“I can’t believe it’s been three years,” Hoseok laughed as the familiar jingle of the bell greeted them as the door swung open.

“Neither can I,” Jimin spoke softly, smiling up at Hoseok.  His smile still got the butterflies in Hoseok’s stomach whirling, smashing into one another every five seconds.  They both ordered quickly and sat on the cushioned couch, cuddling and talking softly so not to disturb the other patrons.

“I’m still as in love with you as the day I first saw you,” Hoseok said softly after they had fallen into a comfortable silence.  “I don’t think I’ll ever stop loving you.”

“And I, you,” Jimin said, leaning in to brush his plump lips against the heart shaped lips of his lover.  “There will never be a day to go by that I don’t love you.”

 


 

Hoseok awoke with a pillow to the abdomen and a much too happy twenty-three year old jumping on the bed next to him.  With a groan, he grabbed the pillow, tugging it from Jimin’s grasp, and hit the younger in the leg.  He couldn’t help but let out a little laugh and a large smile at Jimin’s antics.

“Wake up, wake up, wake up!” Jimin grinned, finally stopping the jumping to lean down, wobbly on the bed, and pull at Hoseok’s arm.  “It’s your birthday!”  Within seconds he was singing happy birthday (and while he was a good singer, somehow he managed to completely murder the song—Hoseok suspected he was doing it on purpose) and dragging Hoseok up and out of bed.

“Aish, this kid,” was all Hoseok muttered, but the large smile on his face nullified any future complaints.  Especially once he was finally pulled into the kitchen, greeted by a slightly lopsided cake with ‘Happy Birthday Hoseok’ written in frosting (at least, he thought that’s what it said).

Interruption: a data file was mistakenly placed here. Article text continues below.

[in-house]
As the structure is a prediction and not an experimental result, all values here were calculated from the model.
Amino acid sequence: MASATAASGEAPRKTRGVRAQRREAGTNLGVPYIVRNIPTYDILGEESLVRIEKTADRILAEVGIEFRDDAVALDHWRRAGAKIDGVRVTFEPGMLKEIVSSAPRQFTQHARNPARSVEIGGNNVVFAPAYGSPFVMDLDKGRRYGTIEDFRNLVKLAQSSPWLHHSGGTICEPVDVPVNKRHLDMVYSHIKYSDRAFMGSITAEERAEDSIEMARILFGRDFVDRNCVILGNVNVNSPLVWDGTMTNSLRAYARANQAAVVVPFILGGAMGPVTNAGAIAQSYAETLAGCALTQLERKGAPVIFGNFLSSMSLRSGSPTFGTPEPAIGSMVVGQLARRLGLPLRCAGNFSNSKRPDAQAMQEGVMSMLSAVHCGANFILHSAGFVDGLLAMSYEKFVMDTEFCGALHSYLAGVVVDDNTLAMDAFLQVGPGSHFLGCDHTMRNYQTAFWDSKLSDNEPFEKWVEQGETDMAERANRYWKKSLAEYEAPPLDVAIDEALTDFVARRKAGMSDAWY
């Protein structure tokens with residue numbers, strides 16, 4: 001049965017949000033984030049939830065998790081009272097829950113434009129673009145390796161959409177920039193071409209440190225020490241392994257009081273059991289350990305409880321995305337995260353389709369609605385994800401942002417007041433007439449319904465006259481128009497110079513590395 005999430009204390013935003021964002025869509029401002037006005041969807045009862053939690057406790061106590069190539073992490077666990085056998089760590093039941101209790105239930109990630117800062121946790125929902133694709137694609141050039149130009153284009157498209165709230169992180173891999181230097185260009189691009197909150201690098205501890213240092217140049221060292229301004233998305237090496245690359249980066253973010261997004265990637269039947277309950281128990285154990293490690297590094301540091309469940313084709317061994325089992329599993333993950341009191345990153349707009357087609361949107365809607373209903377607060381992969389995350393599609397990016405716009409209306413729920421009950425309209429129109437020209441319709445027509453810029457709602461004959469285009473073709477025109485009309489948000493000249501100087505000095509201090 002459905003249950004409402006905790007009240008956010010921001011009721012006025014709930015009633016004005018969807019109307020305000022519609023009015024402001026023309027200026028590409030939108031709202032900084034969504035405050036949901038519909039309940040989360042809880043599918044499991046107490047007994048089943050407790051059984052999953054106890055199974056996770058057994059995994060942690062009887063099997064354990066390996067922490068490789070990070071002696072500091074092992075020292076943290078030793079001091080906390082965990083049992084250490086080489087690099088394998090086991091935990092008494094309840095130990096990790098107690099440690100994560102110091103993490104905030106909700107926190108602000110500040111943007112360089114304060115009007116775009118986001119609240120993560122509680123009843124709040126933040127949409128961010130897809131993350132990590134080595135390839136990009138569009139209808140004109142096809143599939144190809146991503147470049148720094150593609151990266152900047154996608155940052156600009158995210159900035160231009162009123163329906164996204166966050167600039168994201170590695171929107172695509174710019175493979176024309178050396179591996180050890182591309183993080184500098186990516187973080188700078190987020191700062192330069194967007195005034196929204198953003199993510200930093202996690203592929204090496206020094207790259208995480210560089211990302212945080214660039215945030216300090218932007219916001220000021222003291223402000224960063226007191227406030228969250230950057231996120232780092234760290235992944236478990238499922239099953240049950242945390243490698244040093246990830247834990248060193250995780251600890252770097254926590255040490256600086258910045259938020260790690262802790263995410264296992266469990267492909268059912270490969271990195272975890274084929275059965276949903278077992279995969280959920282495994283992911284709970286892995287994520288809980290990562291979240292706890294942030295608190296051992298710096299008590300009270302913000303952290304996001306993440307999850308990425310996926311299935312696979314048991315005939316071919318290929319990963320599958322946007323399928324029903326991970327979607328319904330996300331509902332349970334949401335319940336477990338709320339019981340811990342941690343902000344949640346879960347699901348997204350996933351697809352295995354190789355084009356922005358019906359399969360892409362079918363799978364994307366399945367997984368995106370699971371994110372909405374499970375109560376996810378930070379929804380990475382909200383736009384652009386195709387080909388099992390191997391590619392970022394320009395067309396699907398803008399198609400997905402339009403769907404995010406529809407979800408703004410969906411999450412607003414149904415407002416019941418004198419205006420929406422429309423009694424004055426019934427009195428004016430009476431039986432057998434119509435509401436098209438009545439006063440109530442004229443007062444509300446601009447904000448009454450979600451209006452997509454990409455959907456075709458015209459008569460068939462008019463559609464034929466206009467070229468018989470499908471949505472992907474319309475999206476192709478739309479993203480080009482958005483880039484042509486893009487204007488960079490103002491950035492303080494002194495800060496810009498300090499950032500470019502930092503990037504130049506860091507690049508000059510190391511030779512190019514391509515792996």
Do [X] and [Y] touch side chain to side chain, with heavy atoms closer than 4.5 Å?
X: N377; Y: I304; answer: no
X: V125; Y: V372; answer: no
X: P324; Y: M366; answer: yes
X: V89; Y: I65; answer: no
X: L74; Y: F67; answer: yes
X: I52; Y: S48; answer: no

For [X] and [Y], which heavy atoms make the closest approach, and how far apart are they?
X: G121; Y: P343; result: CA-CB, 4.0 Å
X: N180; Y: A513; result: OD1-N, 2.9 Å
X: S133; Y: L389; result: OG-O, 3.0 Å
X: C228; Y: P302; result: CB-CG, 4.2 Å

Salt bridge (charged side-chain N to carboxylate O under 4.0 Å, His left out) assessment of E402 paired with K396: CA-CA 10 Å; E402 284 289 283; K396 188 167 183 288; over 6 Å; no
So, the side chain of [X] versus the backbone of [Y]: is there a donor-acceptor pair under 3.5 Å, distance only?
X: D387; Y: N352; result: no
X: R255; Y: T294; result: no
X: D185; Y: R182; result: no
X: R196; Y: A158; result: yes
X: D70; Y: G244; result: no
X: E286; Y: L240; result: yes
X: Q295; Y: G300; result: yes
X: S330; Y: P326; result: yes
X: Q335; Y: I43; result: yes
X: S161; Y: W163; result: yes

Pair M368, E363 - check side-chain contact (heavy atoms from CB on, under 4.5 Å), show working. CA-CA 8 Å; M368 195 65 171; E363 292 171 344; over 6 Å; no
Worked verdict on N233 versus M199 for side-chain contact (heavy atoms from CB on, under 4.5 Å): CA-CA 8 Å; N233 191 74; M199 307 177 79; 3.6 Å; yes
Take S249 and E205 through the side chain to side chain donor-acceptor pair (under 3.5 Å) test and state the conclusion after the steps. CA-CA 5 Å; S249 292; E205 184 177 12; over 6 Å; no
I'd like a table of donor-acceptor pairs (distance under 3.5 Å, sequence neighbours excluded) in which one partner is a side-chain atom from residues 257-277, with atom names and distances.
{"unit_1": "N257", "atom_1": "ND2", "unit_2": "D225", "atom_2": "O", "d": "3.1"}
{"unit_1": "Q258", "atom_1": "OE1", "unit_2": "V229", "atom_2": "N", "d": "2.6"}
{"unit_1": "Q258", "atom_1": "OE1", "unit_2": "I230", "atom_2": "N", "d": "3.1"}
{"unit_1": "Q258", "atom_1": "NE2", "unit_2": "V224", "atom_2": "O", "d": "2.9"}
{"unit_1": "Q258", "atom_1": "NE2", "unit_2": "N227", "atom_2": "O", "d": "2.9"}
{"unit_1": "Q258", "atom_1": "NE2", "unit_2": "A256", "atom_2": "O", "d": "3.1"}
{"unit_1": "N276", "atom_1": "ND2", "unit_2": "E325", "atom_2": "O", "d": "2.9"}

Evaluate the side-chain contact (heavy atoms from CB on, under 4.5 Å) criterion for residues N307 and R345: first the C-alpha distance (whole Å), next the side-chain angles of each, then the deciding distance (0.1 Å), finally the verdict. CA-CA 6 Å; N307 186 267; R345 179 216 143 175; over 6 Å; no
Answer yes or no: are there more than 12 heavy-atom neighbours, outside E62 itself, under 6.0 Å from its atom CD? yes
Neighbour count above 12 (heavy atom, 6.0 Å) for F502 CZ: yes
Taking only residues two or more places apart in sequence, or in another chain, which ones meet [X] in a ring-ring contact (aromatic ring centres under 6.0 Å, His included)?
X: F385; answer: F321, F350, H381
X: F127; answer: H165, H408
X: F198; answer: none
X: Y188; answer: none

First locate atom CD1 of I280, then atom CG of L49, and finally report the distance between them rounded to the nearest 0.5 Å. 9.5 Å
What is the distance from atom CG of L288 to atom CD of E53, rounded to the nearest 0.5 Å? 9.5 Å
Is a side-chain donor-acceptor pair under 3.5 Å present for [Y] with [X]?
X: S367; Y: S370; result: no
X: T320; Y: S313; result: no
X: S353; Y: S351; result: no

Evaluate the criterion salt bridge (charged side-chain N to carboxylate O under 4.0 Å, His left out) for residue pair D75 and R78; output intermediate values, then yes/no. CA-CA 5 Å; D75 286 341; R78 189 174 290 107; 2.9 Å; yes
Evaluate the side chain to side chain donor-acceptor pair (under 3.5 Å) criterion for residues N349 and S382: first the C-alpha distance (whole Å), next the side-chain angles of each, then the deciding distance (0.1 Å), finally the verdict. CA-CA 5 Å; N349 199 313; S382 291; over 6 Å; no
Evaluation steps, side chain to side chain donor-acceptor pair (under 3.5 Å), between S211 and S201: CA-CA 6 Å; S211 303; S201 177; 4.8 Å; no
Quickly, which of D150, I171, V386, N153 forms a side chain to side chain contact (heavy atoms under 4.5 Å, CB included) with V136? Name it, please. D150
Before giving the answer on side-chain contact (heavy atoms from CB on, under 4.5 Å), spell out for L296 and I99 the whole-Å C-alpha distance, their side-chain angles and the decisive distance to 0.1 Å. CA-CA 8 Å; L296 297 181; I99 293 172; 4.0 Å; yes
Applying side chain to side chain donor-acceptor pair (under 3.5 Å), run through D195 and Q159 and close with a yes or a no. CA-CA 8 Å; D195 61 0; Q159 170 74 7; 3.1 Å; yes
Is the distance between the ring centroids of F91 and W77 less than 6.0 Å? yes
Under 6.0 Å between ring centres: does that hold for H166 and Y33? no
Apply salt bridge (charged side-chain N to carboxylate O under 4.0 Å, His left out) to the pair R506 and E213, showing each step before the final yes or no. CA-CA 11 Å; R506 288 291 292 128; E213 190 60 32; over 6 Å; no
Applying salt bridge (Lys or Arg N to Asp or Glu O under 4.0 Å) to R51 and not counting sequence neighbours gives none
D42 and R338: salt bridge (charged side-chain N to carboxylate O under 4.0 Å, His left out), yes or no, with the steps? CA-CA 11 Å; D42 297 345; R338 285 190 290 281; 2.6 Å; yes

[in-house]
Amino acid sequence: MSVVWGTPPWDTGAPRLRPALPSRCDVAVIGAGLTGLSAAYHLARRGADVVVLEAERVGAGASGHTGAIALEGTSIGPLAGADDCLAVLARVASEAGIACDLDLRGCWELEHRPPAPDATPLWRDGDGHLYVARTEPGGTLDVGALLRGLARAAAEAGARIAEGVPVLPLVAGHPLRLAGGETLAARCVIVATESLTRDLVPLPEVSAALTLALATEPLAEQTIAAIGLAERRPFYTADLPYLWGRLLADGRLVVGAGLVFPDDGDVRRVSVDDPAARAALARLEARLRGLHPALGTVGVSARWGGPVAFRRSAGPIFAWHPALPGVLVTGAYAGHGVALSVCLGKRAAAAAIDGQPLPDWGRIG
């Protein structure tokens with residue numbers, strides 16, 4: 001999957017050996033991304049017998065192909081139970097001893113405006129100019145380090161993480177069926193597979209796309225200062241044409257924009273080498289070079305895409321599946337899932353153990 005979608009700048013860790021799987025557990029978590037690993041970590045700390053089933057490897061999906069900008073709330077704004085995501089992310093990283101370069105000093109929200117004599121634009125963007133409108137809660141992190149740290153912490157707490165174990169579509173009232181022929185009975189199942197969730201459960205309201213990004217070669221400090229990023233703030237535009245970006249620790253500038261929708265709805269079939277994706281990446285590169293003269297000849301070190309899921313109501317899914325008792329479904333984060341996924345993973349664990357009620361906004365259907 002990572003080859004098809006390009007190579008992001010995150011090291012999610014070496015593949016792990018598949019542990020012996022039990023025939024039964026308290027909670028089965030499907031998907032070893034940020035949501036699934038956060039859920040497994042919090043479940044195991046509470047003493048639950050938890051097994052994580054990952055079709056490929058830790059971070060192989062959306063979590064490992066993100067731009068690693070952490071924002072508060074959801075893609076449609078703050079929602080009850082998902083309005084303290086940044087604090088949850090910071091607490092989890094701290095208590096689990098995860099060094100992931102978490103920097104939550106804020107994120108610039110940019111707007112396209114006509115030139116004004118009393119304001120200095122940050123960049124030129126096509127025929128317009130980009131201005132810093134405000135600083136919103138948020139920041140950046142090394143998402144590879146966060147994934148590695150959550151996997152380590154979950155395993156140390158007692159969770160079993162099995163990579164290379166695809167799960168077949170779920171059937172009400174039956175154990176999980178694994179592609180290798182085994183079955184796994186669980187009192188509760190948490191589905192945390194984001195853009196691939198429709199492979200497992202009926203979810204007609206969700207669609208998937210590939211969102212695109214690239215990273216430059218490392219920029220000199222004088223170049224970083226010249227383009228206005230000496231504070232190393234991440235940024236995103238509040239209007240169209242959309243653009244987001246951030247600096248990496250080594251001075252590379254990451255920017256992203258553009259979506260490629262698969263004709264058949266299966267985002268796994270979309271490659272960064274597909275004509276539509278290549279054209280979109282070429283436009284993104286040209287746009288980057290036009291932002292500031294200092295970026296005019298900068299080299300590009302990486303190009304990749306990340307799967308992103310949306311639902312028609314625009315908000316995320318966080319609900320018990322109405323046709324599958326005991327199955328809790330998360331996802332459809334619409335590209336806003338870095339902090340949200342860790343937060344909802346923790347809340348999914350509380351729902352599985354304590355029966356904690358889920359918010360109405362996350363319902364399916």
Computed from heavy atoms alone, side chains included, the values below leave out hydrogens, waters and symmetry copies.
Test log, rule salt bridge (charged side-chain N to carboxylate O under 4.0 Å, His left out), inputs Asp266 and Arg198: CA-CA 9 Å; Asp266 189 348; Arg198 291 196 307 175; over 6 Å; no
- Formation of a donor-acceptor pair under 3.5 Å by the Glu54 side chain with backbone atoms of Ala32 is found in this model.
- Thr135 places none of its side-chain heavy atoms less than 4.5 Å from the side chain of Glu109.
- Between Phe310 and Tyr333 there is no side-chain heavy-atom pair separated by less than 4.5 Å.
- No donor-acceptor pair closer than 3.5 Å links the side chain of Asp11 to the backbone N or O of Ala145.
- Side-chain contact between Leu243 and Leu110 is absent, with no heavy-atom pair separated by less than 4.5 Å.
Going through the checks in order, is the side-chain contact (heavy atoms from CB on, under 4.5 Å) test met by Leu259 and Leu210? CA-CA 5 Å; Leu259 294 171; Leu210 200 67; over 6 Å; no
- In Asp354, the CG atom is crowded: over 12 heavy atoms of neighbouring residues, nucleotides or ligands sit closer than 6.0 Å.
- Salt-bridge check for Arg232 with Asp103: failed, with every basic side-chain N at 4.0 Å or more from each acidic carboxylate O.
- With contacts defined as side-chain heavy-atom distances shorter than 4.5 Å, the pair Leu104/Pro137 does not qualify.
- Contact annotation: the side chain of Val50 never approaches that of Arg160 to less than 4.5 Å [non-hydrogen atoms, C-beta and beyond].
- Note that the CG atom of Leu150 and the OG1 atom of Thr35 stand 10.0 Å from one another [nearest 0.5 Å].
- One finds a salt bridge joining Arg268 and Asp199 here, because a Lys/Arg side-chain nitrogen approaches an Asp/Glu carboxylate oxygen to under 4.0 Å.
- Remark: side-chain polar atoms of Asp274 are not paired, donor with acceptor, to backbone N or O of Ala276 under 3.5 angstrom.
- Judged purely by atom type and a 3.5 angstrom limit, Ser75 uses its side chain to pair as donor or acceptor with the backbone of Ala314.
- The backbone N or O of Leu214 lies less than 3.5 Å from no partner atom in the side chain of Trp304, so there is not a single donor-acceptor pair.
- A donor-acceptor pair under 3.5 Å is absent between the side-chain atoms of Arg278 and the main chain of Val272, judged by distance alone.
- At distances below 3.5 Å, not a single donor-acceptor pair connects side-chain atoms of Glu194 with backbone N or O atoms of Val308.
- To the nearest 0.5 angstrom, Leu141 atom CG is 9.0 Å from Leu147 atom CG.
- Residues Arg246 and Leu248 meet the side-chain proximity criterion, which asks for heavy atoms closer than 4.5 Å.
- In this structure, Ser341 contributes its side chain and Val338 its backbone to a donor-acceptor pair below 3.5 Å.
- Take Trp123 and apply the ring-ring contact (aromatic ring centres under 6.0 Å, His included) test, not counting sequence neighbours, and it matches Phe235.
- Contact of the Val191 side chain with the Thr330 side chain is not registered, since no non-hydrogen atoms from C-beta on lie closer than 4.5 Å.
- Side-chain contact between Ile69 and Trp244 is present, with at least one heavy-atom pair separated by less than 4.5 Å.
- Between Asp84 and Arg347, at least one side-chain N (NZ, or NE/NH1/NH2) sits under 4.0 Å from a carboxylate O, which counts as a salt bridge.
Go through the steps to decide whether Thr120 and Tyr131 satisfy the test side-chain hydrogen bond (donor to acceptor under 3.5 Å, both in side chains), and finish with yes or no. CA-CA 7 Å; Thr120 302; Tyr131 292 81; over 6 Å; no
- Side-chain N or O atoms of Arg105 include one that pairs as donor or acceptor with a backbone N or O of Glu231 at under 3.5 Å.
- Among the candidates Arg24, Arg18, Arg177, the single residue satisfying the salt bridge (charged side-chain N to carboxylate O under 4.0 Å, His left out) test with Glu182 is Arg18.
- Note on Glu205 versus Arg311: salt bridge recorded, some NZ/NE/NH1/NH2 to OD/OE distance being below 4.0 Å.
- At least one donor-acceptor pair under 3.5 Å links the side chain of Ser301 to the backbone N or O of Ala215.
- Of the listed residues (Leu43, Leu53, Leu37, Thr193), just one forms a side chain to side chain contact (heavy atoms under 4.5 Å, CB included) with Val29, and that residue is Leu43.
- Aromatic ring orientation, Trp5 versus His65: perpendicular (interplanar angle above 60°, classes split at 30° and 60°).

“Happy birthday, Hoseokie.  I hope the cake’s alright.  I made it myself,” Jimin beamed up at his boyfriend, cheeks pink and utterly kissable (which is exactly what Hoseok did: lean down and kiss both of his plump, squishy cheeks that he loved oh-so much).

“I love it,” he smiled back at the blushing boy in front of him.  “But not nearly as much as I love you.”  Of course, he couldn’t just leave it at that; taking the pillow he still had yet to let go of from earlier, he swung it around and whacked Jimin in the side with an innocent smile.  “Whoops.

 


 

“Let’s go to Busan, right now,” Jimin said, wrapping his arms around Hoseok from behind.  “It’s summer, I just graduated, and I know you have vacation time.  Or you could just call in sick.  Either or.  Think about it?  You, me, the sunset over the water at the beach.”

Hoseok, gently putting down the dish and drying his hands off on a towel, took a moment before responding.  “Jimin, you know I can’t.  Plus, we didn’t plan anything.”

“Does that matter?  Can’t we do something fun for once?” he pouted, staring up at his boyfriend who had turned around to look him in the eyes.

“Yes, it matters.  We’re adults, we have responsibilities.  We can’t just run around and do whatever without consequences,” Hoseok frowned down at Jimin.  “We can go in a couple weeks.”

“But I don’t want to go in a couple weeks,” Jimin says, frustrated.  “I’m going, with or without you.”

Jimin,” Hoseok says, exasperated.  “Fine, go.  I can’t go with you.  I’m sorry.”

“So am I.”

 


 

“How’s Busan?” Hoseok asks, phone pressed between his cheek and shoulder.

“Great, I wish you were here,” Jimin said.  The despair dripped in his voice, the want to have the man he loved with him.  “My parents wish you could be here, too.”

“I know, baby, I know.  I wish I could be with you.”

“So do I.”

 


 

“I can’t believe you,” Hoseok groaned, throwing a pillow at his now blonde boyfriend.  “Did you actually just go out and dye your hair blonde because I said that you look good with lighter hair?”

“Yup!” Jimin said cheerfully.  “Plus, I’ve been wanting a change.  Black hair just isn’t my thing.”  He caught the pillow easily before hopping onto the couch next to his boyfriend, cuddling up to his side.  “Do you like it?”

“I like anything that has to do with you,” Hoseok shook his head.  “But I must say, it looks a bit too good on you.”  Jimin just smirked and moved to kiss his boyfriend.

“Oh no, should I change it then?” he asked innocently, about to pull back before Hoseok grabbed him, and pinned him to the couch.

“Most definitely not,” Hoseok smirked and kissed Jimin again, mumbling against his lips, “I like it too much.”  Jimin only smiled into the kiss, before pushing Hoseok off and grabbing his arm, tugging him into the bedroom and pushing him onto the bed.